Tuesday, December 15, 2009


Read this interesting article on the psychology of social status. Both observations and conclusions seem to make sense but the author does not clarify whether status (high or low) is as it is perceived by the individual or as they are appear to be in the eyes of the world.

Status is inherently relative. A high in a one social milieu could end up ranking low in another. Would that then increase their propensity for negative low-status behavior ? Also if status is achieved or conferred for reasons other than material success what might an interaction between two high status individuals look like if their status is based on account of very different things. Who decides the relative status of these two individuals ?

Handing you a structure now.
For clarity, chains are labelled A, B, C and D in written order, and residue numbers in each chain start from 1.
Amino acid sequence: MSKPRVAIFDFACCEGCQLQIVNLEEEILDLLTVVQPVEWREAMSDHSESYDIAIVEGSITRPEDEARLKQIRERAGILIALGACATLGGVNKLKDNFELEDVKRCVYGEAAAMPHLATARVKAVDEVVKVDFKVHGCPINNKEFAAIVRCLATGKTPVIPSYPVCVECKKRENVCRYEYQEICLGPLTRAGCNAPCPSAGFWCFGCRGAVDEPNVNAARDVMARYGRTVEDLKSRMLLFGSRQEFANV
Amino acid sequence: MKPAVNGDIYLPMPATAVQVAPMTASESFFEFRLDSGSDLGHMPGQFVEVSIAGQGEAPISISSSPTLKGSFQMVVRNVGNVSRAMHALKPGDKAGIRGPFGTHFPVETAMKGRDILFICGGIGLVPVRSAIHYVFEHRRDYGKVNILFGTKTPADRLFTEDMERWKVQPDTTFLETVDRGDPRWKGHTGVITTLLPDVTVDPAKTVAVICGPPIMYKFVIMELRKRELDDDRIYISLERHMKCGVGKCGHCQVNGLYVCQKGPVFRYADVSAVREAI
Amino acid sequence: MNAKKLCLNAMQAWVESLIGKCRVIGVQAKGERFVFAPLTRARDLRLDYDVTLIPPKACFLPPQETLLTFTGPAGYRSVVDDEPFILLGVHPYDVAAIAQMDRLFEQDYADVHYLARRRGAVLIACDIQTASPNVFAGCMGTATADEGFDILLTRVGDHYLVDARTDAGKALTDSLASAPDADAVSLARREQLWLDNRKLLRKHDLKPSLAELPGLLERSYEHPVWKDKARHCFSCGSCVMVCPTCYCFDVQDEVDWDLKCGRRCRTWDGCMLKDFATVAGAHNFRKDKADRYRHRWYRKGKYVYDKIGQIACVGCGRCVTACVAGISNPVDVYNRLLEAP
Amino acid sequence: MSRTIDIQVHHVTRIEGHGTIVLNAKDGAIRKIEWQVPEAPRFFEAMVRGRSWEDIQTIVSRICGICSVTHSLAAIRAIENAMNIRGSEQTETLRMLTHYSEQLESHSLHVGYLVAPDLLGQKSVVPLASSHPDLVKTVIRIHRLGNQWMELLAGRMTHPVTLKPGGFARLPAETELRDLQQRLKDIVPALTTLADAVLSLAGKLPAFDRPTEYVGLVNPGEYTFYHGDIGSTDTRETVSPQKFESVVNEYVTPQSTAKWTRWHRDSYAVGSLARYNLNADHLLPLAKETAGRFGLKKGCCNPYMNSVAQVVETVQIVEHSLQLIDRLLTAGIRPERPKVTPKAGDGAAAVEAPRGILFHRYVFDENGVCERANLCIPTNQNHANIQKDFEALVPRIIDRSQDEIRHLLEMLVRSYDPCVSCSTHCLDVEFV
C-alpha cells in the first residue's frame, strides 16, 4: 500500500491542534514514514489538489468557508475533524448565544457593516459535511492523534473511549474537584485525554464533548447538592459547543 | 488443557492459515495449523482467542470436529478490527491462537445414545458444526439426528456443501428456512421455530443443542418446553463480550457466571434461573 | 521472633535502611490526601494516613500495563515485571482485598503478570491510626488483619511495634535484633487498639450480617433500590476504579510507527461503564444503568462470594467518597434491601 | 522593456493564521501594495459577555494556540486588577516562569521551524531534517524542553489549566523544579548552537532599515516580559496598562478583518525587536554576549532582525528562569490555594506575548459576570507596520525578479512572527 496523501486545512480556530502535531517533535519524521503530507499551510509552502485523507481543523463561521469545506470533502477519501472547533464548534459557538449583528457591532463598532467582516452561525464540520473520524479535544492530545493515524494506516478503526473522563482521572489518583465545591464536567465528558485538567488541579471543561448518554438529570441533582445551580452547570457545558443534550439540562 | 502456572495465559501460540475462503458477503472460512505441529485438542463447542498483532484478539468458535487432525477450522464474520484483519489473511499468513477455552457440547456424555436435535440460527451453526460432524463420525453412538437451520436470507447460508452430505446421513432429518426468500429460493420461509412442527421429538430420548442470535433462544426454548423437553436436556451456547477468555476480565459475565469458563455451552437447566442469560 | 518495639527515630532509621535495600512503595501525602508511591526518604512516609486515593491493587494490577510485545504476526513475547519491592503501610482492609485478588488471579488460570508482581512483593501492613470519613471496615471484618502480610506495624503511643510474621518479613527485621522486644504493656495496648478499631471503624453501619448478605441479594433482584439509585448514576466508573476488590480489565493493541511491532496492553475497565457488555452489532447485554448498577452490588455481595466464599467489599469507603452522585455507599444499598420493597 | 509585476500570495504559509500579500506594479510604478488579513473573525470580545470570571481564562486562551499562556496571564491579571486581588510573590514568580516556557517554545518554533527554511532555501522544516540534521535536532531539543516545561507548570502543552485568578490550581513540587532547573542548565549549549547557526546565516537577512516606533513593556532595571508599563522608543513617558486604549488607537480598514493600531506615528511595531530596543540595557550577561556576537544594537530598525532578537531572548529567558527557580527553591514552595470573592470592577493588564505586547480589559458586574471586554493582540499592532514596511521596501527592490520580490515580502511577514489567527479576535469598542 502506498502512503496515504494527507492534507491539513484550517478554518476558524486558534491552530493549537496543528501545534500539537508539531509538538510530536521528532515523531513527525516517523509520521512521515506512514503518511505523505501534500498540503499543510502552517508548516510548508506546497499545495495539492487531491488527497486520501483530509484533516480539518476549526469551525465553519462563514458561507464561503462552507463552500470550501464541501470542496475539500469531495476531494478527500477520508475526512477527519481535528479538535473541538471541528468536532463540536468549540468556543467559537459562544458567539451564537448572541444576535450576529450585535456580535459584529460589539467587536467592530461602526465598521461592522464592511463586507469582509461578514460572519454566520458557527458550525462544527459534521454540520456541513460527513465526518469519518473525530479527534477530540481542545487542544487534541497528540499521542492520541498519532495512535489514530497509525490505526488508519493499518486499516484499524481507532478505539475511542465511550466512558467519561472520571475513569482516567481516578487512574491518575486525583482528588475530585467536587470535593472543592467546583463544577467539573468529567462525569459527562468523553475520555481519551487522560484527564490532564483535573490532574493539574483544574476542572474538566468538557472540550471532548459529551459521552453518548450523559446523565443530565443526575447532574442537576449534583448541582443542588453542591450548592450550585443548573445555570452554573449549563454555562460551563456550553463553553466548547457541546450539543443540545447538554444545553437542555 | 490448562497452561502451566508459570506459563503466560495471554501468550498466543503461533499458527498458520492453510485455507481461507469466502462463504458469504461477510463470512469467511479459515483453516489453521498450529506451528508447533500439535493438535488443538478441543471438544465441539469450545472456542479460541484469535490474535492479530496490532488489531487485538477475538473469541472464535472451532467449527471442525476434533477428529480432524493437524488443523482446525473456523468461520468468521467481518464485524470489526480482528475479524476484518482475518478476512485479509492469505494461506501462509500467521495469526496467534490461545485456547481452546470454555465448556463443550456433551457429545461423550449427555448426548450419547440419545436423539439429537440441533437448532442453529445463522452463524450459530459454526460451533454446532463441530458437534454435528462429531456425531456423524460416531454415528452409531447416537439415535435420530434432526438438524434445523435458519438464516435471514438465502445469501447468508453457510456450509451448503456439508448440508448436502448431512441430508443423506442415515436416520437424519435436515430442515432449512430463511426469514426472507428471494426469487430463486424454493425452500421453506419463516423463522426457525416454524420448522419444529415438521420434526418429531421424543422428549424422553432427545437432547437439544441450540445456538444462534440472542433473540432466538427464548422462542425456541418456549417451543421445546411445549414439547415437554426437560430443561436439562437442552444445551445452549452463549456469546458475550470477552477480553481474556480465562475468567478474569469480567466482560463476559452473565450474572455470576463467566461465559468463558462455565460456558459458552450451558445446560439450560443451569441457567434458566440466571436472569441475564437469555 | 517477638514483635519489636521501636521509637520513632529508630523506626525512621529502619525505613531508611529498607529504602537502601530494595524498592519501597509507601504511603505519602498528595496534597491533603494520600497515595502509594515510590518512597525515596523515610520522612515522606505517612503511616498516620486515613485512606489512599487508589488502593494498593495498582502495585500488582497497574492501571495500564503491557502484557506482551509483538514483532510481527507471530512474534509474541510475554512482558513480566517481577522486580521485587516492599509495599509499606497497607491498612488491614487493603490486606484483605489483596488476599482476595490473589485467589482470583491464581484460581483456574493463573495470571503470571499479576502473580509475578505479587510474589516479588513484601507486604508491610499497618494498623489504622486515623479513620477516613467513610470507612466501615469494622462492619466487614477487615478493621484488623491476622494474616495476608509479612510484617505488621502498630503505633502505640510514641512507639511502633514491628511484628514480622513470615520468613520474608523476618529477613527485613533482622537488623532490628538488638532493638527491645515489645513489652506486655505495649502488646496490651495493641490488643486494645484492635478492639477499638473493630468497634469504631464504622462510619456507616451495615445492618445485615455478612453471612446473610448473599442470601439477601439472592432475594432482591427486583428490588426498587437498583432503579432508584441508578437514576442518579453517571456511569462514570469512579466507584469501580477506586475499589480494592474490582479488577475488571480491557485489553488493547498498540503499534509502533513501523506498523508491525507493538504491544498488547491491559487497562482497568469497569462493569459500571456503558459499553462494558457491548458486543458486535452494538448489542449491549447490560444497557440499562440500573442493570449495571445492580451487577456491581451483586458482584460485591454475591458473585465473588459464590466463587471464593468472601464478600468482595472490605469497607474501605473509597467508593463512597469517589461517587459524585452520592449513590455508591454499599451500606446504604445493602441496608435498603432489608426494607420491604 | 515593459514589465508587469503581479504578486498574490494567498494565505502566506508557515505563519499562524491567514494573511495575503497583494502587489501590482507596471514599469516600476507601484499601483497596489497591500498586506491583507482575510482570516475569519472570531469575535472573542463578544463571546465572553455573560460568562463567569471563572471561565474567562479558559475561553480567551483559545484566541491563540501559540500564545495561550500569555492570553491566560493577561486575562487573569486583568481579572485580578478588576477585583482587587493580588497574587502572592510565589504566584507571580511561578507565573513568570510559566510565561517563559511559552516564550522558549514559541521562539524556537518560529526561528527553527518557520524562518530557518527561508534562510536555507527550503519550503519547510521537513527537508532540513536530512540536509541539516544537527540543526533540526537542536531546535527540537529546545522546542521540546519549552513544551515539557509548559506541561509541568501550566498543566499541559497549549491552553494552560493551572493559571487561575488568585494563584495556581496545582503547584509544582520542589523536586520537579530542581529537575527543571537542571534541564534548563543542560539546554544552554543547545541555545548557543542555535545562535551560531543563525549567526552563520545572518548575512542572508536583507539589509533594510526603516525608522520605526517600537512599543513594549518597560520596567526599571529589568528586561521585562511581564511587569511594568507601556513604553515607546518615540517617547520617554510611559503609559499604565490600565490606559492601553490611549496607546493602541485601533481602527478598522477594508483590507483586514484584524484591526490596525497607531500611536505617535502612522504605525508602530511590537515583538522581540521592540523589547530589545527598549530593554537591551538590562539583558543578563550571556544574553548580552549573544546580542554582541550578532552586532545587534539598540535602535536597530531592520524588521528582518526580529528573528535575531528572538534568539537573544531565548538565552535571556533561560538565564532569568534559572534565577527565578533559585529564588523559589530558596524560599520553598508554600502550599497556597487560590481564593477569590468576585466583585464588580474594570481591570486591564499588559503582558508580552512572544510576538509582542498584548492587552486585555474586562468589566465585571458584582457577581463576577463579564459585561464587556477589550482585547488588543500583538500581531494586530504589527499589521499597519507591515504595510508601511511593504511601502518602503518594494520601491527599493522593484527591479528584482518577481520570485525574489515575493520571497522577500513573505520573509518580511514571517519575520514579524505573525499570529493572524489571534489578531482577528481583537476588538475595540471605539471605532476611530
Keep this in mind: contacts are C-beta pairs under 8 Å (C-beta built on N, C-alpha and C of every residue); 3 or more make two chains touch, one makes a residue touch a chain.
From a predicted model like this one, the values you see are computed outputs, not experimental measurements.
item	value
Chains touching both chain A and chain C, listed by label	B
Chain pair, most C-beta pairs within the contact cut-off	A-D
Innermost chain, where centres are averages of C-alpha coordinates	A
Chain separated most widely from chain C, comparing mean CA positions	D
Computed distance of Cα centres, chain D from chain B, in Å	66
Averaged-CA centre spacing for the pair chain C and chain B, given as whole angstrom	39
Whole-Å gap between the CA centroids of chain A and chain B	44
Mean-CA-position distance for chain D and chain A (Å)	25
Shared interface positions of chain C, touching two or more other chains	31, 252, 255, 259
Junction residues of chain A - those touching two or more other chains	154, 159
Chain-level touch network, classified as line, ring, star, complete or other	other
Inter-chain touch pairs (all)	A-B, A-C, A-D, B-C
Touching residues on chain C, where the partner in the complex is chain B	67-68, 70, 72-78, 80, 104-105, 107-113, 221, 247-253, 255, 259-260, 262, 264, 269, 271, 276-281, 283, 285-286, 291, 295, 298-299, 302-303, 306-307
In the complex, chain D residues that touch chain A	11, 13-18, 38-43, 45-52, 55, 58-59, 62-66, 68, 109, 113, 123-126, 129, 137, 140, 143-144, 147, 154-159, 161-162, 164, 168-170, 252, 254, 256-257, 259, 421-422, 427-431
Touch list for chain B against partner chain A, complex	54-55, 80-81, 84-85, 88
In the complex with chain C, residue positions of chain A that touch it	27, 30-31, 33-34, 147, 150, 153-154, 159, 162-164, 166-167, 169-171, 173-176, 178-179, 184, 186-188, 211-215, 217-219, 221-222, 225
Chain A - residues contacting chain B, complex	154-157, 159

Apparently, low-status behavior can be remedied : Finally, in an experiment with both high- and low-SES college students, Henry demonstrated that boosting people’s sense of self-worth diminished aggressive tendencies amongst low-status individuals.

The boosting of self-worth seems to be an integral part of elementary school curriculum but bullies are a still a problem. Maybe if self-worth boosting was limited to the target population it may have helped. With everyone undergoing a status elevation, the difference between high and low does not disappear - instead you now have to deal with the problem of everyone feeling special and entitled.

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